He had loaner hearing aids until May of this year. His new hearings aids did not give him anything more than the loaners. AJ –with aids- can hear environmental sounds, around 70dB. In early July we attended the Cochlear Implant Picnic and met with a very nice family whose 2 year old had bilateral implants. It was the best thing we could have done. We finally saw a child with implants and spoke to the parents about their journey. For the first time, we felt “ok”, someone knows how we are feeling and has been through this before.


On July 9th it was FINALLY decided that we would begin the cochlear implant process. We are over ½ way in the process, with only a booth testing to go, psychological evaluation, and surgeon consultation to complete. AJ’s surgeon is his ENT, so we are familiar with him. Daddy and I are very much ready for our AJ to hear. While he is recognizing sign language, we must remember he had no language at all for the first 13 months of his life. He wasn’t exposed to signing until 9 months ago, and didn’t hear until 10 months ago (with his aids). Technically his hearing is that of a 10 month old or less, language is at a 9 month level or less. He definitely understands about 20 sign words. Wow-now that I’ve counted-I hope I remember to share that with his Early Ed .Teacher this week! His specialists (where applicable) feel that his hearing will boost his developmental delay. Daddy and I strongly believe this. We will do whatever we can for our son.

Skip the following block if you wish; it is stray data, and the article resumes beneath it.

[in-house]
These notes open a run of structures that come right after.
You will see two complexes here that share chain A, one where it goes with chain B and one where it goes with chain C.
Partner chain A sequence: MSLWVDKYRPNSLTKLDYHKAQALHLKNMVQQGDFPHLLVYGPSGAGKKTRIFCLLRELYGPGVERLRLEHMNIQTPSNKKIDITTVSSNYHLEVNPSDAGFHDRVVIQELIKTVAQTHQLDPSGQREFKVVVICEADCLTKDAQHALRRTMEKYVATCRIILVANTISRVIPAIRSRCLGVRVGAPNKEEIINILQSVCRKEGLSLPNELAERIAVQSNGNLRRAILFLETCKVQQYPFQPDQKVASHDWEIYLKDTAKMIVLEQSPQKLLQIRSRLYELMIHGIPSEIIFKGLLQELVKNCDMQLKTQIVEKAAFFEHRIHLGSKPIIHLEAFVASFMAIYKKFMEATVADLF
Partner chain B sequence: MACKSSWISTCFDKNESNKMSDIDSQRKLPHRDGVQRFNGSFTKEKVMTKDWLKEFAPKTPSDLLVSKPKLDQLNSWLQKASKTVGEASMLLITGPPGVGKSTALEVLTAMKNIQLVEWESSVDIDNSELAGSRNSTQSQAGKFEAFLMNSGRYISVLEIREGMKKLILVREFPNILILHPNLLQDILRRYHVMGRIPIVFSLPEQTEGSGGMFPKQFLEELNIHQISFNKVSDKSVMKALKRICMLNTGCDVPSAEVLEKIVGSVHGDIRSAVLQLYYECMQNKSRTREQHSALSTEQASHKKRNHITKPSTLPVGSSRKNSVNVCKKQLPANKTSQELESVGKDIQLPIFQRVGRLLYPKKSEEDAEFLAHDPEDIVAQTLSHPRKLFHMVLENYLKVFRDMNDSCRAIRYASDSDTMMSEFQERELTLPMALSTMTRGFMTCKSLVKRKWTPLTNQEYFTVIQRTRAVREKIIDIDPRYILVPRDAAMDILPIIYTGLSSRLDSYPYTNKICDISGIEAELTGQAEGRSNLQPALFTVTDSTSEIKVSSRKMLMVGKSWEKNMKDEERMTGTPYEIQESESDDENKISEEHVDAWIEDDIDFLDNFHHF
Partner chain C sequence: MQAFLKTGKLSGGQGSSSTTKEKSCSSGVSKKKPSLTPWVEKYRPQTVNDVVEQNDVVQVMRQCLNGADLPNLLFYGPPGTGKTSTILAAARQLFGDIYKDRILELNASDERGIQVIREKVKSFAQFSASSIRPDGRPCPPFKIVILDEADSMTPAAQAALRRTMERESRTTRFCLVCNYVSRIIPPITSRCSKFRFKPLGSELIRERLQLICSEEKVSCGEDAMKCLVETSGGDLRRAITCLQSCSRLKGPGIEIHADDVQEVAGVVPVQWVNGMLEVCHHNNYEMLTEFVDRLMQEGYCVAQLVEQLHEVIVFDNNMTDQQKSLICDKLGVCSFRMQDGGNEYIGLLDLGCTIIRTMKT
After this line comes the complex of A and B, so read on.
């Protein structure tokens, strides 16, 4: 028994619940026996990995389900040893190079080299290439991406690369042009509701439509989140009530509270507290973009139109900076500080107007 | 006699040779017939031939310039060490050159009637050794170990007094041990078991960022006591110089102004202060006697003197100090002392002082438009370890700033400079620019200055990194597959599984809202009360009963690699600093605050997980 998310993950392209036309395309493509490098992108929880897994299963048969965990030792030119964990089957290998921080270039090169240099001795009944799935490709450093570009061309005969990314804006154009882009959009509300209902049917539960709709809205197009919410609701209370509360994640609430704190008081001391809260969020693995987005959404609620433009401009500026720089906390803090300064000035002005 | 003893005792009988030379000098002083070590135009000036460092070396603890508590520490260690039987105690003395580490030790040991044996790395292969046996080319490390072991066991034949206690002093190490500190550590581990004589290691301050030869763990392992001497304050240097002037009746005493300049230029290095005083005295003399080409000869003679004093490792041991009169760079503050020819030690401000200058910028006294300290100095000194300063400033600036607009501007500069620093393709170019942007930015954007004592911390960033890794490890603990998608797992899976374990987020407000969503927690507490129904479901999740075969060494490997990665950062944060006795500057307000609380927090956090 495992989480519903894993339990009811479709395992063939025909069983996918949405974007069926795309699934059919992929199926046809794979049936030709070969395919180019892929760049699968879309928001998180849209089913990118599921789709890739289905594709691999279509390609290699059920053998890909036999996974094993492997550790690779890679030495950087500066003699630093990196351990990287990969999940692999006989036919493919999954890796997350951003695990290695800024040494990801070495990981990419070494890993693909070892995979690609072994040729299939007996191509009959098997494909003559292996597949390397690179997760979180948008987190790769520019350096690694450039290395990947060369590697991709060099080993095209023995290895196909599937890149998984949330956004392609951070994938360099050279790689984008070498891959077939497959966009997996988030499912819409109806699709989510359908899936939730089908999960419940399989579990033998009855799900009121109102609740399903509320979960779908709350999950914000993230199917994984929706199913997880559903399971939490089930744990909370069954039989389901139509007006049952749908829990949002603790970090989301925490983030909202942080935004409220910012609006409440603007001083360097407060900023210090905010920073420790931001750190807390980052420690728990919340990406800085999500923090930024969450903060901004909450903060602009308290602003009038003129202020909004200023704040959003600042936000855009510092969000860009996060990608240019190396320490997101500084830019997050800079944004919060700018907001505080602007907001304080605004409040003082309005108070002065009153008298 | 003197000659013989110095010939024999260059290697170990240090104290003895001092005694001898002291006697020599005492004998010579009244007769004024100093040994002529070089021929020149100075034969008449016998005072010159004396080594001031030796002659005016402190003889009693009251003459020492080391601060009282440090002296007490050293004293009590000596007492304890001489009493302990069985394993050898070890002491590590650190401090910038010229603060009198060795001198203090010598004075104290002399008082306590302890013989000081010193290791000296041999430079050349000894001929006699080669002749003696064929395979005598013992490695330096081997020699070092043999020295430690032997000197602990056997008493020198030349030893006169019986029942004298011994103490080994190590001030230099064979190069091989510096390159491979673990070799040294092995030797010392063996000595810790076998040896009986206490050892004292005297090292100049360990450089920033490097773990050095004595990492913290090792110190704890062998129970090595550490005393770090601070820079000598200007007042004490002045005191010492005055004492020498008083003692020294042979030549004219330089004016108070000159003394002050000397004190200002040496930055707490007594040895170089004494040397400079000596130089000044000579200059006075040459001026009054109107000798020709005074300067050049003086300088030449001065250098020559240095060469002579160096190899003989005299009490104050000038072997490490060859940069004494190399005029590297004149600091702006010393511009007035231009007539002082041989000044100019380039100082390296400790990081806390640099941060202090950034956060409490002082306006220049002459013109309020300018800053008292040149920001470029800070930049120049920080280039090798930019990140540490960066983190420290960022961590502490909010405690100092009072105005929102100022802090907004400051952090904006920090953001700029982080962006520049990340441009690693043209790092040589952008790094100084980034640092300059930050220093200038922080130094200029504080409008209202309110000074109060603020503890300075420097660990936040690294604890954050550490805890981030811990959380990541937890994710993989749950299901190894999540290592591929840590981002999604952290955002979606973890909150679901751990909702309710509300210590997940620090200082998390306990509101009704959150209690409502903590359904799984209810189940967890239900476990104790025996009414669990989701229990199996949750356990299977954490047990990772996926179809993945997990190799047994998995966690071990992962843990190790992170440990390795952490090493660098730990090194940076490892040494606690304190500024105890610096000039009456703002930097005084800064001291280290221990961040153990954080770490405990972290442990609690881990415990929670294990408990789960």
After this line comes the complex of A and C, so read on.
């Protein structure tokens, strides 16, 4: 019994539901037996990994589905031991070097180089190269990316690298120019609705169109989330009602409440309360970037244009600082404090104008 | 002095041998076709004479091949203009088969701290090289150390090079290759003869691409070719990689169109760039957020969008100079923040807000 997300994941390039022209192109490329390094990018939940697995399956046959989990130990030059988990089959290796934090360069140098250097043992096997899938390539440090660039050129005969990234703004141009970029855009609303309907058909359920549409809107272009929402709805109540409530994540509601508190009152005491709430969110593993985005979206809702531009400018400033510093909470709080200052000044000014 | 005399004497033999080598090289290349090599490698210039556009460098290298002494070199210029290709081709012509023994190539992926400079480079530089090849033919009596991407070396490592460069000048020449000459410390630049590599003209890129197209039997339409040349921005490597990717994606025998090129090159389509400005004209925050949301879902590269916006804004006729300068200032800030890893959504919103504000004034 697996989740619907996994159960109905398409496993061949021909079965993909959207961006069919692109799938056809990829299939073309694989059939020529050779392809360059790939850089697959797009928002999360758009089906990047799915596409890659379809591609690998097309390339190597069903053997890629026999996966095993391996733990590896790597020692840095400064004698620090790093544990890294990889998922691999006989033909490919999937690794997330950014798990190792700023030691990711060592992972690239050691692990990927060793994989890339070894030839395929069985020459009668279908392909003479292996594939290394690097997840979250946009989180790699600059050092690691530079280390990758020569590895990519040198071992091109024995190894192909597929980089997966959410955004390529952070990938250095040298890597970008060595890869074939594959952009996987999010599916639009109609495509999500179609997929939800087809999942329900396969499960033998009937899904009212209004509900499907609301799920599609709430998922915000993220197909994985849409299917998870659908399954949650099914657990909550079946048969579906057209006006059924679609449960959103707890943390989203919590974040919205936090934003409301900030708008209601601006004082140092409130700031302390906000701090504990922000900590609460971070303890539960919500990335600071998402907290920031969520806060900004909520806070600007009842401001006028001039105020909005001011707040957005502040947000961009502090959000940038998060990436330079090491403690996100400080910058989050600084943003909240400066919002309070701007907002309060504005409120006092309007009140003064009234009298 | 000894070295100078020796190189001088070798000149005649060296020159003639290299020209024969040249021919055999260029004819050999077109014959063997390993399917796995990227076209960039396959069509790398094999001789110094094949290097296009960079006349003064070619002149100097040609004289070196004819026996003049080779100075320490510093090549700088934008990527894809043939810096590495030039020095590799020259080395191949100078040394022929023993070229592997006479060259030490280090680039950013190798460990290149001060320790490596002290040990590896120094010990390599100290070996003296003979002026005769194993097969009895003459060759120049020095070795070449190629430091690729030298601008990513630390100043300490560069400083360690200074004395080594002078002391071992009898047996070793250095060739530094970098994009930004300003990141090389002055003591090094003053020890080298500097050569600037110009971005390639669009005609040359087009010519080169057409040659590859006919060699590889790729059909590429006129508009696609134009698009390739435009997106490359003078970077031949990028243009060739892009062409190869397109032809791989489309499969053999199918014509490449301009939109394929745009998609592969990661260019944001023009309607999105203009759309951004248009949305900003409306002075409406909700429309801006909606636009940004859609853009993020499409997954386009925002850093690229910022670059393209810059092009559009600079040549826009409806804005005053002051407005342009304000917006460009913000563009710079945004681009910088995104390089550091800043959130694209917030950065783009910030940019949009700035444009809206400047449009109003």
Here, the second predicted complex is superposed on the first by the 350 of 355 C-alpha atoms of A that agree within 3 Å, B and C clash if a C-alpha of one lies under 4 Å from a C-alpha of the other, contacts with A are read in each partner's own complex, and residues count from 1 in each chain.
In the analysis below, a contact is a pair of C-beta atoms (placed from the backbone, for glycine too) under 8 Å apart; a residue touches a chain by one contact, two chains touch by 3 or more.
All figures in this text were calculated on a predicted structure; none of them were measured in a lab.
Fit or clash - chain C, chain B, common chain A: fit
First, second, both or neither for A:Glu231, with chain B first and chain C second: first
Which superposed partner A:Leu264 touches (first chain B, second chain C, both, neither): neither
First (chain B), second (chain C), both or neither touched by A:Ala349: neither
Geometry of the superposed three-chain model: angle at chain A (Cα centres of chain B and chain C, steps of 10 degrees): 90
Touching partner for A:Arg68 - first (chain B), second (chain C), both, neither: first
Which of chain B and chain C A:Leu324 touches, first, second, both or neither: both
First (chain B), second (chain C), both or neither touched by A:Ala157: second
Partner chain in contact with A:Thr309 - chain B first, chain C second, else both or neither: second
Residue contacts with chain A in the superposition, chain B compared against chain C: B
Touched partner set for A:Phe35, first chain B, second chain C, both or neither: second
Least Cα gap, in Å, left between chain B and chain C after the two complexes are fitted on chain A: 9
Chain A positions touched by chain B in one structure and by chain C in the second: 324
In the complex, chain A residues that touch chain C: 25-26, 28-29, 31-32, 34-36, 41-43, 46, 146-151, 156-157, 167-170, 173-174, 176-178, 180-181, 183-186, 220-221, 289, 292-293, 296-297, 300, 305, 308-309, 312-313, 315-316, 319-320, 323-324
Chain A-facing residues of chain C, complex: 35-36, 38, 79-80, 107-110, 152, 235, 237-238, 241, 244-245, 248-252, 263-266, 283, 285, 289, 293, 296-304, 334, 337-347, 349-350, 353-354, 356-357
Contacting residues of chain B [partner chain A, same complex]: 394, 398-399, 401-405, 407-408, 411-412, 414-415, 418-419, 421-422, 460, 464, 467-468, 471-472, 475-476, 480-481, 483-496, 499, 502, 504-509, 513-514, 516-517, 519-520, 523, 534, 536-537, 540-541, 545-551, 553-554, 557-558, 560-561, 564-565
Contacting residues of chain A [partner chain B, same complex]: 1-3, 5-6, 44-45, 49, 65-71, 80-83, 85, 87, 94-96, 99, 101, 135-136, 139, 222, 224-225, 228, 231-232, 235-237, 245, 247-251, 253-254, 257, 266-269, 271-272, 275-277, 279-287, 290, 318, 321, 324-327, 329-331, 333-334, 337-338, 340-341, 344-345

AJ has taught us patience, determination, and never-ending love. At times, our world is very lonely. We don’t know many other parents that have a child with two disabilities. It has only been in the last few months that we have found support through other CI families. AJ is the definition of taking one day at a time. One of his contagious smiles can light up a room. His giggle is hilarious, especially when he’s tickled. We love our little man, and can’t wait until the day we can tell him “We love you, AJ”…and he hears us.


So, should we ask the question for you?


What is a cochlear implant?


Stay Tuned...